In NSLayoutManager's extention we will define two simple helper functions: first to find characters range that fits in text container and second to find bounding rectangle of characters range:

extension NSLayoutManager {

    func characterRangeThatFits(textContainer: NSTextContainer) -> NSRange {
        var rangeThatFits = self.glyphRangeForTextContainer(textContainer)
        rangeThatFits = self.characterRangeForGlyphRange(rangeThatFits, actualGlyphRange: nil)
        return rangeThatFits
    }

    func boundingRectForCharacterRange(range: NSRange, inTextContainer textContainer: NSTextContainer) -> CGRect {
        let glyphRange = self.glyphRangeForCharacterRange(range, actualCharacterRange: nil)
        let boundingRect = self.boundingRectForGlyphRange(glyphRange, inTextContainer: textContainer)
        return boundingRect
    }
}

Trimming text

Before updating text and trimming it we need to make sure that we can restore text view to it's full state when text should not be trimmed. For that we will store text and attributed text in private properties:

private var originalText: String!

override var text: String! {  
    didSet {
        originalText = text
        originalAttributedText = nil
        if needsTrim() { updateText() }
    }
}

private var originalAttributedText: NSAttributedString!

override var attributedText: NSAttributedString! {  
    didSet {
        originalAttributedText = attributedText
        originalText = nil
        if needsTrim() { updateText() }
    }
}

When we does not need to trim text we reset text view to full mode and restore it's text:

func resetText() {  
    textContainer.maximumNumberOfLines = 0
    if originalText != nil {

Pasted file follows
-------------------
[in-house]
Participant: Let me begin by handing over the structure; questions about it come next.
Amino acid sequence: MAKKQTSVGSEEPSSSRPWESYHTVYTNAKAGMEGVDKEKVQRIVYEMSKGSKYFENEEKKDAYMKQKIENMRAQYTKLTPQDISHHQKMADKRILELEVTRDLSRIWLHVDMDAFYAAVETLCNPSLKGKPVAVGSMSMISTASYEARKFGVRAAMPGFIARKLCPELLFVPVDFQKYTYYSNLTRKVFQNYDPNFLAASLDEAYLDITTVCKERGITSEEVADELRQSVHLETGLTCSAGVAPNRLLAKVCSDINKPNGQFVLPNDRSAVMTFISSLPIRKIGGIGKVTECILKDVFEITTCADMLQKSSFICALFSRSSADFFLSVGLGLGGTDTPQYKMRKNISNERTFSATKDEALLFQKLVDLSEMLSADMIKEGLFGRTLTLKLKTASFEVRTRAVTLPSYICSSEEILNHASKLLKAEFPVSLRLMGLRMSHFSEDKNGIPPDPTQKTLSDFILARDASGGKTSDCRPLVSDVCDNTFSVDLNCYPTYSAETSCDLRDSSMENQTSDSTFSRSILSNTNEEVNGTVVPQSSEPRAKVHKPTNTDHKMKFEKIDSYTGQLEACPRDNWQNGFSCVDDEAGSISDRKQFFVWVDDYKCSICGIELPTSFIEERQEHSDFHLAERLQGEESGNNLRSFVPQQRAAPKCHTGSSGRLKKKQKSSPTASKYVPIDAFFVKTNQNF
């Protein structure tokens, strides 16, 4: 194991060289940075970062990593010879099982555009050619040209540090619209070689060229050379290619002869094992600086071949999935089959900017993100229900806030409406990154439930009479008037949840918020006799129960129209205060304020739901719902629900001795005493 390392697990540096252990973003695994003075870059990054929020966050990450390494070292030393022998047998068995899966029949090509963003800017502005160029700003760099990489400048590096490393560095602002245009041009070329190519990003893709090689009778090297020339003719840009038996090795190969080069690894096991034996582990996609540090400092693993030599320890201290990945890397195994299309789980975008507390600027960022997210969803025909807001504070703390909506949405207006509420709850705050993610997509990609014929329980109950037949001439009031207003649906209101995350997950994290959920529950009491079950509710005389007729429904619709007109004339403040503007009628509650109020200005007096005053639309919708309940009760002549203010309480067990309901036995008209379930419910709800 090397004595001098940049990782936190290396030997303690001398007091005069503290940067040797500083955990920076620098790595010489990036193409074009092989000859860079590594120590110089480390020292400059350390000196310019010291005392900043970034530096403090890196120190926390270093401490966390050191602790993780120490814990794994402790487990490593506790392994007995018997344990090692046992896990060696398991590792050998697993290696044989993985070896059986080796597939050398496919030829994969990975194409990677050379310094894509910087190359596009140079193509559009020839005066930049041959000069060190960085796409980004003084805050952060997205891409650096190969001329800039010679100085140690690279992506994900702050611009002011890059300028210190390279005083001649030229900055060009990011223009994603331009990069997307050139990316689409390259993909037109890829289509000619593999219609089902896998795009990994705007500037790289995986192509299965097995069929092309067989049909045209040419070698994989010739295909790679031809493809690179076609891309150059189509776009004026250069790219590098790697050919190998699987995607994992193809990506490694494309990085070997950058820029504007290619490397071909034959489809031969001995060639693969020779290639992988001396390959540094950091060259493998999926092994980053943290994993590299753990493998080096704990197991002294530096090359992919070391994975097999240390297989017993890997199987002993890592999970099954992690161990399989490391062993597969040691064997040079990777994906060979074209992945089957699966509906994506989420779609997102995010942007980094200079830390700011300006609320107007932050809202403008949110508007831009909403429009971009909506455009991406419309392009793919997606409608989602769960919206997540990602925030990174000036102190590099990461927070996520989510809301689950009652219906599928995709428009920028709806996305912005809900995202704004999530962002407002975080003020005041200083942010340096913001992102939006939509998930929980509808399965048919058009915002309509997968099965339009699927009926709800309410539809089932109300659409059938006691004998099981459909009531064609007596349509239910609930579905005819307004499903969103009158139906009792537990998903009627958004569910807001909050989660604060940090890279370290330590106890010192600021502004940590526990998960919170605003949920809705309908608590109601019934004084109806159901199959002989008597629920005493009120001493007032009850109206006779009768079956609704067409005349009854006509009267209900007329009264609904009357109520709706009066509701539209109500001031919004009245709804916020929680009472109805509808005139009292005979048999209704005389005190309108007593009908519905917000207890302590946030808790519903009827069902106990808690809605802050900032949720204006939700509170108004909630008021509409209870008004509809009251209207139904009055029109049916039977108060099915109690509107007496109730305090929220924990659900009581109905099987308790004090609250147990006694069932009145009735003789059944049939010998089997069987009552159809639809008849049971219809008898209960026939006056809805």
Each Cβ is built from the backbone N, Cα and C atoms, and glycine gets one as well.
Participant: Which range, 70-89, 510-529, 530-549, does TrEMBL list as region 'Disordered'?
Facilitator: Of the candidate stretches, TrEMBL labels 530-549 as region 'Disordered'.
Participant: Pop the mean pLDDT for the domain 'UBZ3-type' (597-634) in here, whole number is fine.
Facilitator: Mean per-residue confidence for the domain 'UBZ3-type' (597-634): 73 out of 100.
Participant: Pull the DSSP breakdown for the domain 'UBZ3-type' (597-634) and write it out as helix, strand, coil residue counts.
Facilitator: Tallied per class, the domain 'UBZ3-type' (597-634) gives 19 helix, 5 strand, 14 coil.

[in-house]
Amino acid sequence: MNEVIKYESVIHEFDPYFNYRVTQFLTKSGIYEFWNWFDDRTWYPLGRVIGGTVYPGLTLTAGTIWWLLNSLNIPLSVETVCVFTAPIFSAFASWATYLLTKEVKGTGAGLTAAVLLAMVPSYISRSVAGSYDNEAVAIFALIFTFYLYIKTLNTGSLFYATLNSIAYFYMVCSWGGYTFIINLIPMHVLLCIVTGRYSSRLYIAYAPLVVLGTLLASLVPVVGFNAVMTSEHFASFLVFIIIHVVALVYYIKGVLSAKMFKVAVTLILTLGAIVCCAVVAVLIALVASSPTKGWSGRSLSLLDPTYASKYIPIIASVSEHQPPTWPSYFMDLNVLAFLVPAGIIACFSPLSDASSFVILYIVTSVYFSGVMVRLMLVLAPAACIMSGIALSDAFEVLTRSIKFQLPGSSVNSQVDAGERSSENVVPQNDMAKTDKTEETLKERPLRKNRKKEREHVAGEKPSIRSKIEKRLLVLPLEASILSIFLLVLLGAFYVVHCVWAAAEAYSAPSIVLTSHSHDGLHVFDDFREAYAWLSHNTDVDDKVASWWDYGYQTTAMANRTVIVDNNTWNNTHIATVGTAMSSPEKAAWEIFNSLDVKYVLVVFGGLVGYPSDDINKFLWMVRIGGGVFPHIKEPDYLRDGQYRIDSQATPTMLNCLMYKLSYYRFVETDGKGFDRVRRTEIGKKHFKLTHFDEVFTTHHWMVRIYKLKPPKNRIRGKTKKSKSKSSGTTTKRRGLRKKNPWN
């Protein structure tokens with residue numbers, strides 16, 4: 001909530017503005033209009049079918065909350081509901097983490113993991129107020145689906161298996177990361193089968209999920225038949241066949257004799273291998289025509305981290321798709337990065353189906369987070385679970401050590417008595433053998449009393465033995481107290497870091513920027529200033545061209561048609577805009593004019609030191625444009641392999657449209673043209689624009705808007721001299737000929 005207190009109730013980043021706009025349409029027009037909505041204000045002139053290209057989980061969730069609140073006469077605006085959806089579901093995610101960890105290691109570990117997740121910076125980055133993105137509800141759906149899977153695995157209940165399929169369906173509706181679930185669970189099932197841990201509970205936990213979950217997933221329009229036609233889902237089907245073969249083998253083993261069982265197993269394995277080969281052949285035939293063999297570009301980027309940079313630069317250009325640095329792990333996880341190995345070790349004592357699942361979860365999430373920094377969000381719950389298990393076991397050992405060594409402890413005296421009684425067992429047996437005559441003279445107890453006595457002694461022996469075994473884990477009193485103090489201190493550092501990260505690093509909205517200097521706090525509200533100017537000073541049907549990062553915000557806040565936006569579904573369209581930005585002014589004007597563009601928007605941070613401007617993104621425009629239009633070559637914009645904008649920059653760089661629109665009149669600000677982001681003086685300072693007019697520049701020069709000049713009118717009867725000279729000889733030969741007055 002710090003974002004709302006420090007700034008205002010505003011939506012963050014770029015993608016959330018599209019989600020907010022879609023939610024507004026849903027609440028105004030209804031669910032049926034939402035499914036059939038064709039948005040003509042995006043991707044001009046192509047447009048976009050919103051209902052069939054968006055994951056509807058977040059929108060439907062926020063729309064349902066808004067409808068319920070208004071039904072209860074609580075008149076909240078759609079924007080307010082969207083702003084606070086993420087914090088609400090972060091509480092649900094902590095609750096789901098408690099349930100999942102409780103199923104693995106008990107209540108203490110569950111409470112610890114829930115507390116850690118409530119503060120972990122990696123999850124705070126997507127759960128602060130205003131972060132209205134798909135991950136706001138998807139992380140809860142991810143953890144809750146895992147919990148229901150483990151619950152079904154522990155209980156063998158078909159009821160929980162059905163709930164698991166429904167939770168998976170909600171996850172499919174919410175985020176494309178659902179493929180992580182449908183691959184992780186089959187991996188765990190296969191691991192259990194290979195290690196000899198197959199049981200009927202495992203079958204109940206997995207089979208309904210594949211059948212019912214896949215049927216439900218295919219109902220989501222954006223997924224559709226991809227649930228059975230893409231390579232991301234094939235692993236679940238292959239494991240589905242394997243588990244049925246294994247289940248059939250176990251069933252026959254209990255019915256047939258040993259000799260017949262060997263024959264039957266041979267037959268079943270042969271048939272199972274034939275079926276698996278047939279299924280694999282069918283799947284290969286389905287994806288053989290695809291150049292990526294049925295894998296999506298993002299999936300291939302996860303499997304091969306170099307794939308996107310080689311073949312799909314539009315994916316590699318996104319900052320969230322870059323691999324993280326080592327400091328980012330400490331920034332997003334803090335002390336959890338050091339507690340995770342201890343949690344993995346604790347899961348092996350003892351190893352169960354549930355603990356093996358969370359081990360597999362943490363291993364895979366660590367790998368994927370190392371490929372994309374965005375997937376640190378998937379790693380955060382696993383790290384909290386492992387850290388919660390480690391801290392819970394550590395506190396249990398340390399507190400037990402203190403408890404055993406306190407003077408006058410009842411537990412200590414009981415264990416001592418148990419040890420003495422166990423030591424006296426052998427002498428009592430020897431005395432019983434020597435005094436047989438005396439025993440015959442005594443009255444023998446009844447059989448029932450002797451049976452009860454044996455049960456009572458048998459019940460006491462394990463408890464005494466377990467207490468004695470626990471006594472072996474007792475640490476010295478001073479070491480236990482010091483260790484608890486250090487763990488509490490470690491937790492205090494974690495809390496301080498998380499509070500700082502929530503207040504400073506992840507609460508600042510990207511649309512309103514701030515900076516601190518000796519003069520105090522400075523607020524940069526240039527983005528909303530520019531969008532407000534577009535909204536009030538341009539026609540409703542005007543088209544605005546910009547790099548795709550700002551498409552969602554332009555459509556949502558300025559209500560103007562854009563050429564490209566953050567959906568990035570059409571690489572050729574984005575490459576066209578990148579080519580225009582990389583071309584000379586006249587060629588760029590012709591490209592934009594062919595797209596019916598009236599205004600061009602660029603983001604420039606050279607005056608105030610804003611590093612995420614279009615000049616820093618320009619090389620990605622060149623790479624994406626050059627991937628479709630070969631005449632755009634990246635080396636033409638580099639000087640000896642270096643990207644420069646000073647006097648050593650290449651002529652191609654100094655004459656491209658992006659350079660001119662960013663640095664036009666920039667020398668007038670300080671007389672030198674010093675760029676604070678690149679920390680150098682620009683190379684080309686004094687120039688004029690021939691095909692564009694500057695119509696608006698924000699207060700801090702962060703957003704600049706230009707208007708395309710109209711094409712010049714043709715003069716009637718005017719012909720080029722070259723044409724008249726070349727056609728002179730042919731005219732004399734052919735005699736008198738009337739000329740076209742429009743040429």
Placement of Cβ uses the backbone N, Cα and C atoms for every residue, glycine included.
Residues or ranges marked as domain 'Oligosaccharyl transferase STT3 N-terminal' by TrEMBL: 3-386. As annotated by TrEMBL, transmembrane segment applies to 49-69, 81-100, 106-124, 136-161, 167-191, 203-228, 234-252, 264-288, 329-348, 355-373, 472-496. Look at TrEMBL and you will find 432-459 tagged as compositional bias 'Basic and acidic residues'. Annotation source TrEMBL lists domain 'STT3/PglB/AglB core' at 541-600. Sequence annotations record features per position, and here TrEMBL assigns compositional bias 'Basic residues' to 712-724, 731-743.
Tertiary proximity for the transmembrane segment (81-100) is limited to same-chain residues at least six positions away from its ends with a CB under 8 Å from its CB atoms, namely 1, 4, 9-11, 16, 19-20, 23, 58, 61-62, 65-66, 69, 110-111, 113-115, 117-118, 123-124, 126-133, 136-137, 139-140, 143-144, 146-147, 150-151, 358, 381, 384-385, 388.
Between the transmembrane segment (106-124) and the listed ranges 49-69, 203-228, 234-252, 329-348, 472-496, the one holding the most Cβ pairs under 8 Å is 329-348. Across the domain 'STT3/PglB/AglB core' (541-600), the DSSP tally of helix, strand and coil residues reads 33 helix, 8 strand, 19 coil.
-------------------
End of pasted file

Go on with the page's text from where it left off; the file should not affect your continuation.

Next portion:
textStorage.replaceCharactersInRange(NSMakeRange(0, countElements(text!)), withString: originalText)
    }
    else if originalAttributedText != nil {
        textStorage.replaceCharactersInRange(NSMakeRange(0, countElements(text!)), withAttributedString: originalAttributedText)
    }
}

Next we add function to find range of text to replace with "Read more":

private func rangeToReplaceWithTrimText() -> NSRange {  
    let emptyRange = NSMakeRange(NSNotFound, 0)

    var rangeToReplace = layoutManager.characterRangeThatFits(textContainer)
    if NSMaxRange(rangeToReplace) == originalTextLength() {
        rangeToReplace = emptyRange
    }
    else {
        rangeToReplace.location = NSMaxRange(rangeToReplace) - trimText!.length - 4
        if rangeToReplace.location < 0 {
            rangeToReplace = emptyRange
        }
        else {
            rangeToReplace.length = textStorage.length - rangeToReplace.location
        }
    }
    return rangeToReplace
}

private var _originalTextLength: Int {  
    get {
        if originalText != nil {
            return countElements(originalText!)
        }
        else  if originalAttributedText != nil {
            return originalAttributedText!.length
        }
        return 0
    }
}

Here we increase range by 4 to be able to add "... " as a prefix for trim text later. If we don't need to trim text eigther if we have too small text or too big maximumNumberOfLines then we return empty range.

Finally let's add code that will trim text:

func updateText() {  
    textContainer.maximumNumberOfLines = maximumNumberOfLines
    layoutManager.invalidateLayoutForCharacterRange(layoutManager.characterRangeThatFits(textContainer), actualCharacterRange: nil)
    textContainer.size = CGSizeMake(bounds.size.width, CGFloat.max)

    var range = rangeToReplaceWithTrimText()
    if range.location != NSNotFound {
        textStorage.replaceCharactersInRange(range, withString: "... ".stringByAppendingString(trimText!))
    }
    invalidateIntrinsicContentSize()
}

First we set maximum number of lines in text container and it's size so that bounding rectange of this text container will have the width of text view and unlimited height. We also have to invalidate layout information to properly calculate the range of text to trim. Then we find the range that we should replace with "Read more" text and if it's not empty we replace text in this range with trimText prefixed by "... "

Autolayout

When text view is in trim mode it needs to wrap it's content and become smaller than in full mode. To do so we need to redefine it's intrinsic content size.

override func intrinsicContentSize() -> CGSize {  
    textContainer.size = CGSizeMake(bounds.size.width, CGFloat.max)